12) Ravi Nisan Telushkin (Chabad), Taharat HaMayim, I:54.
13) Rav Yechezkel Abramsky, Intro. Tzitz Eliezer, IV.
14) Rav Eliezer Waldenberg, Intro. Tzitz Eliezer, IV; Tzitz Eliezer, XX:33.
15) Rav Koppel Kahana, Teshuva B’Inyan Gelatin (1966) (by inference).
16) Rav Moshe Nosson Nota Lemberger, Ateret Moshe, Y.D. I:42-43.
17) Rav Ze’ev Bidnovitz, Divrei Ze’ev, XVIII:12.3.
18) Rav Yitzchak Glickman, Kol Torah, Shana 13, Choveret 4.
19) Rav Yirmiyahu Menachem Kohen, V’Heirim Kohen, Y.D. II:31; Y.D. IV:40.
20) Rav Tzvi Pesach Frank, Har Tzvi, Y.D. #83.
21) Rav Yosef Shalom Elyashiv, Kovetz Teshuvot, #73.
22) Rav Yisroel Ya’akov Fisher, Even Yisroel VIII:56.
23) Rav Ben Tzion Abba Shaul, Ohr L’Tzion, #32 (by inference).
24) Rav Ovadya Yosef, Yabia Omer, Y.D. VIII #11.
25) Rav Shlomo Amar, Shema Shlomo, Y.D. V:12.
26) Rav Yechezkel Roth, Emek HaTeshuva, III:67 (by inference).
27) Rav Nachum Wiedenfeld, Hazon Nachum, #61.
28) Rav Moshe Levi, Tefilla L’Moshe, Y.D., #4.
29) Rav Almog Levi, Avnei Levi. Y.D., #1.
30) Rav Yitzchak and Rav Ya’akov Mekayis, Ohr HaHalacha, Kuntres, #3. Dr. Marc Shapiro (Scranton University), called to my attention HaPardes (August 1942) in which its editor, Rav Shmuel Pardes, cites the approvals of:
31) Rav Avraham Y. Kook.
32) Rav Shlomo Nosan Kotler.
Although he did not actually write on this topic, I must add my grandfather, one of the most prominent rabbonim of his time, who certified bovine gelatin:
33) Rabbi Moses D. Sheinkopf.
To my knowledge, the number of responsa that reached the conclusion that Jewish law prohibits gelatin does not nearly approach the number of those that approve it.
My purpose in writing this supplement to GELATIN is to provide some balance to an issue that, for decades, has been dealt with in an unbalanced manner.
In light of the fact that so many halachic authorities do permit gelatin, it is surprising that, when people involved in kashrut write about it, they usually refer to it to as treif. Often we will see written that gelatin “is not approved.” What that means is that the kashrut agencies developed a policy not to approve gelatin.
And that is their right. But it is not accurate to imply that authorities in general do not accept gelatin. Rav Tzvi Pesach Frank, Rav Yechezkel Abramsky, Rav Eliezer Waldenberg, Rav Moshe Nosson Nota Lemberger, Rav Yosef Shalom Elyashiv, Rav Ovadya Yosef, Rav Yechezkel Roth, and many others on the list, are not names in the world of halacha that casually can be overlooked or dismissed. And these gaonim all permitted gelatin even after Rav Aharon Kotler issued his prohibitive ruling.
In addition, it is noteworthy that Rav Ovadya Yosef took Rav Kotler to task for what he had written, arguing that certainly the Shulchan Aruch (code par excellence for the practice of Jewish law) maintains that neveilla bones are not forbidden. This is based on the latter’s ruling (Y.D., 99:1) that neveilla bones (hard, marrowless) combine with permissible food to nullify the forbidden. The Be’er HaGolah (loc.cit) cites as the sources for this ruling: R. Samson of Sens, Commentary to Ter.5:9; R. Shmuel b. Aderet, Mishmeret HaBayit, Bayit Re’vi’I 6a; and R. Asher b. Yechiel Rosh, Hull. 98a-98b.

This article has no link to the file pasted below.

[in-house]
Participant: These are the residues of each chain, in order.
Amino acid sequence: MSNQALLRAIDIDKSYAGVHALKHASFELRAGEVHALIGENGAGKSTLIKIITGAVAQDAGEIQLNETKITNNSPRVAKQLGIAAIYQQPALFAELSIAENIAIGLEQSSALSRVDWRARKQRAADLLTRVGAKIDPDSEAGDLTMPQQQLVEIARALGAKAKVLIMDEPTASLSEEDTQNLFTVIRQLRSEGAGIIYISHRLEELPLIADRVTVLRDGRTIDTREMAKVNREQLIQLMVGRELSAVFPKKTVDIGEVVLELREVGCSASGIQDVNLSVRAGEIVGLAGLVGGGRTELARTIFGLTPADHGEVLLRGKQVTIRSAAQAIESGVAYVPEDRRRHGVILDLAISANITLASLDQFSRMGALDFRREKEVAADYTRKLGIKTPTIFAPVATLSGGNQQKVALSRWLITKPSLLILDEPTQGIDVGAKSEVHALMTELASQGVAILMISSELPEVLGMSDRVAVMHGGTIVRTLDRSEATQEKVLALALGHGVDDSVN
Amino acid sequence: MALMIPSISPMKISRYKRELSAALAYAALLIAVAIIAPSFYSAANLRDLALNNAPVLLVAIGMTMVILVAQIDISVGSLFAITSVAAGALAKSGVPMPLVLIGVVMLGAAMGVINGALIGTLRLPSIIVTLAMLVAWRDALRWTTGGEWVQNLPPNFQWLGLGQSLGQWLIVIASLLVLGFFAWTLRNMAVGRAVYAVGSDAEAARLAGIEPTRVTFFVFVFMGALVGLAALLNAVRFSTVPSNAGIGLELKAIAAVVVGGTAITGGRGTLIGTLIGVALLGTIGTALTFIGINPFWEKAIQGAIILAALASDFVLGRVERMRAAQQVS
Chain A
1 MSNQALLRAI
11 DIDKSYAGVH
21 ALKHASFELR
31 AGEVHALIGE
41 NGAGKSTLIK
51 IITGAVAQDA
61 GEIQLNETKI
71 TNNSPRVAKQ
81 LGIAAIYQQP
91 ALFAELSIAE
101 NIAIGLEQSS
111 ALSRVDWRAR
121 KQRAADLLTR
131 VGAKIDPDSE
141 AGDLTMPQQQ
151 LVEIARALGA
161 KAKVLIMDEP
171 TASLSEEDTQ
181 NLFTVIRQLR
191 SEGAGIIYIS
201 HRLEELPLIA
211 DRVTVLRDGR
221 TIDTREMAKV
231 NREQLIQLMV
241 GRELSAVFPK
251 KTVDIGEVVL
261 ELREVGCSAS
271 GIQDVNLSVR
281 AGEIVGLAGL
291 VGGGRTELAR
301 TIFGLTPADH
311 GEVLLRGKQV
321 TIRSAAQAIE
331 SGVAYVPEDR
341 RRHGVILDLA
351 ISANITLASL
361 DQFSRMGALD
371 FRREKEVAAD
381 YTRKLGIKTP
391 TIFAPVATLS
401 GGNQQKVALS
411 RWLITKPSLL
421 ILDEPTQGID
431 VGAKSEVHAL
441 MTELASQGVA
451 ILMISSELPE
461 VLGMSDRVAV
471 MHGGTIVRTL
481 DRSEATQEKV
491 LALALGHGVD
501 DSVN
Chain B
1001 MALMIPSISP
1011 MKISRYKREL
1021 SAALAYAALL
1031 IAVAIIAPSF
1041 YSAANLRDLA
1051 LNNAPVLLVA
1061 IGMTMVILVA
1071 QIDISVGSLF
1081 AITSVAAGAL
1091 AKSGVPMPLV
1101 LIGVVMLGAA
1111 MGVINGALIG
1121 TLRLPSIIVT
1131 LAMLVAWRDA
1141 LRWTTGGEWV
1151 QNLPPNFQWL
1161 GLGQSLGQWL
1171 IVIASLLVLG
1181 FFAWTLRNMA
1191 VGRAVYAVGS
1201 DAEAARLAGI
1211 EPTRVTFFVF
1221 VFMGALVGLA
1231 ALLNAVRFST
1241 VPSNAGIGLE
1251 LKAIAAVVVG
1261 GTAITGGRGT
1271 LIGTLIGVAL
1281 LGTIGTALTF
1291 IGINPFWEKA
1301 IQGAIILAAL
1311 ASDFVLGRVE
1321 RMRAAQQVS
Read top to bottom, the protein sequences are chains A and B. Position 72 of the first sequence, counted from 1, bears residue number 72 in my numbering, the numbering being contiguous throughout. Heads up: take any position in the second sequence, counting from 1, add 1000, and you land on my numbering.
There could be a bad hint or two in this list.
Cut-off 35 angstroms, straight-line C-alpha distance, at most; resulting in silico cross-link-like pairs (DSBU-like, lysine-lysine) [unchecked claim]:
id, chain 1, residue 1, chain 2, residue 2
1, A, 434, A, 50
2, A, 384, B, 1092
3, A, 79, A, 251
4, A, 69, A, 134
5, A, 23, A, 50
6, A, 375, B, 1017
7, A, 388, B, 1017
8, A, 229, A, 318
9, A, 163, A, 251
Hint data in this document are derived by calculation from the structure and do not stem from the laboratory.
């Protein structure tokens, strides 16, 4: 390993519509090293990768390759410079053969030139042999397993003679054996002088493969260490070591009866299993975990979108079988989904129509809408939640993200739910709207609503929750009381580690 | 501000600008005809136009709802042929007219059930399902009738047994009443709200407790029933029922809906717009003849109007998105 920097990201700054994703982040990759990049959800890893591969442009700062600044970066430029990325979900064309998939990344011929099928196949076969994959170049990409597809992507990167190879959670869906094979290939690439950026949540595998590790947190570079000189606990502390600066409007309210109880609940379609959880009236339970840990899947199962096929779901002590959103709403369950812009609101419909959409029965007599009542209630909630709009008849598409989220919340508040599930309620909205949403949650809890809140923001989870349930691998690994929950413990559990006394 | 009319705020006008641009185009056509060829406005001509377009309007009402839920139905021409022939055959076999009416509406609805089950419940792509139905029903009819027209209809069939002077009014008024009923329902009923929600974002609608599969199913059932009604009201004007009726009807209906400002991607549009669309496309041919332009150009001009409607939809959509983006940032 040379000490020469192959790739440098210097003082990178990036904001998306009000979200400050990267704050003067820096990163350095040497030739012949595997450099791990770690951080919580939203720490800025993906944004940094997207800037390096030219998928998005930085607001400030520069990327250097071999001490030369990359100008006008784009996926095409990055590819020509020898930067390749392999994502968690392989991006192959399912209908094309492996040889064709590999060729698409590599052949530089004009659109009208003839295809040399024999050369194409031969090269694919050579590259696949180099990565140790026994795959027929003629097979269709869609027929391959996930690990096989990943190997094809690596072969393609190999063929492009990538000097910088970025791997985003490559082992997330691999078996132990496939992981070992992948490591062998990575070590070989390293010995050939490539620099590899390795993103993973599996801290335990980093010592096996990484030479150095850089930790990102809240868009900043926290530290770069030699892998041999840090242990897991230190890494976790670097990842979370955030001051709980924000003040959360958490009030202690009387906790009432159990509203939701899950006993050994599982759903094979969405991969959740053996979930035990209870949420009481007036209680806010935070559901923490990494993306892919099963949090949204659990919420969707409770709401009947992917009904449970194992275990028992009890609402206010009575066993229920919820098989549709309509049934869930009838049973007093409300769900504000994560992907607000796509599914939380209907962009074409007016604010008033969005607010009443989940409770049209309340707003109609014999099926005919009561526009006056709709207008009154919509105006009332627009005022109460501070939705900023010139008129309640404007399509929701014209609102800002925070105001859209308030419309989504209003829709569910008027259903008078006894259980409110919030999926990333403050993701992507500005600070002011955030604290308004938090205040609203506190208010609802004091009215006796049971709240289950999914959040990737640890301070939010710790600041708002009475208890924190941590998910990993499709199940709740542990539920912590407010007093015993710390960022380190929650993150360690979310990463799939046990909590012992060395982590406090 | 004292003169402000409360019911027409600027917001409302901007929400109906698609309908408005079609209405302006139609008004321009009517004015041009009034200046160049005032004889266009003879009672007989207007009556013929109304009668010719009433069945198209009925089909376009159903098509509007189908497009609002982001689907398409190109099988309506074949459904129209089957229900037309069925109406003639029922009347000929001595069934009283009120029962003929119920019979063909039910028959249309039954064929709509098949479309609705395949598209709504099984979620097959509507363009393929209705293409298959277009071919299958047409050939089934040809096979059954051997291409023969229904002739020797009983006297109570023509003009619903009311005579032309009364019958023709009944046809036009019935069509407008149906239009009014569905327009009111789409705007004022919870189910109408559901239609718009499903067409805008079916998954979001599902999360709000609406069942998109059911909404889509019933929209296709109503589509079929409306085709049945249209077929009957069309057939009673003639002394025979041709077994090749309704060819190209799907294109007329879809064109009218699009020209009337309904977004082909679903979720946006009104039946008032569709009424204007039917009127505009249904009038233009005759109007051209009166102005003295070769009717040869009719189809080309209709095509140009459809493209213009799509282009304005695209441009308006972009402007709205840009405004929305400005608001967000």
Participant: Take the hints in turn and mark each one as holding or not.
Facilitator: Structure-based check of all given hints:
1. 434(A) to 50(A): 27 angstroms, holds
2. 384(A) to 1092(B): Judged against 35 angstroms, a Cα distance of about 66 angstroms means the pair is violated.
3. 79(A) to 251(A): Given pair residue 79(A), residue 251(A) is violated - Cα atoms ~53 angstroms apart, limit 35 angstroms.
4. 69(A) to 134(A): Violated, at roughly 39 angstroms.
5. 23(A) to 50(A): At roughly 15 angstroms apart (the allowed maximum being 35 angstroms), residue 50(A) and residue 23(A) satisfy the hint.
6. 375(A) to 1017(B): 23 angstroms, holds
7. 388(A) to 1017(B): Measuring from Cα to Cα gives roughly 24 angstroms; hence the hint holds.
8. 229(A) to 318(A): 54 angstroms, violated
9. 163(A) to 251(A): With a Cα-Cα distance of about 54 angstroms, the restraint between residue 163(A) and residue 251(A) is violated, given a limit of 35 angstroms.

The Yad Avraham (Y.D. 99:1) states explicitly that according to the Shulchan Aruch, the bones of neveilla are not forbidden without mentioning any dissenting opinion.
The Shulchan Aruch’s ruling is further confirmed in the codes of Aruch HaShulchan (Y.D. sec. 13) which also equates neveilla hides with neveilla bones, and in the code of Chachmat Adam (Klal 52) which permits all inedible substances of non-kosher origin.
As for Rambam’s ruling in M. Asur. 4:18, which to some seemingly implies a rabbinic prohibition for eating neveilla bones or hides, see Maggid Mishnah (loc.cit) which traces the source of this ruling to the Mishna, Hull:117b. Here neveilla bones and hides are included among items that contract tum’at achalim when joined to an olive’s bulk of neveilla. Deriving issur neveilla from issur tum’ah, Rambam assigns a rabbinic prohibition to the eating of neveilla bones or hides but, again, when joined to an olive’s bulk of neveilla. Detached from the forbidden meat, neveilla bones and hides, are free even from rabbinic issur.
Thus, Rambam and Shulchan Aruch are in accord with regard to neveilla bones/ hides free of meat, which is exactly how these raw materials are processed for gelatin (and collagen). (See Rav Y.L. Seltzer, HaPardes (July 1952); Vezot Lihuda, O.C. #26. Also, for an alternative interpretation: Rav M.N.N. Lemberger, Ateres Moshe, Y.D., I:42-43.
My hope is that the reader will appreciate to a greater degree than he has in the past that the dispute over gelatin is like so many other halachic disputes. Whether the issue is chalav akum, or using electric shavers, or using a municipal eruv on Shabbat, there have been great poskim on both sides of the issue. But with regard to gelatin, the full scope of the authorities who permit it has never truly been presented to the public.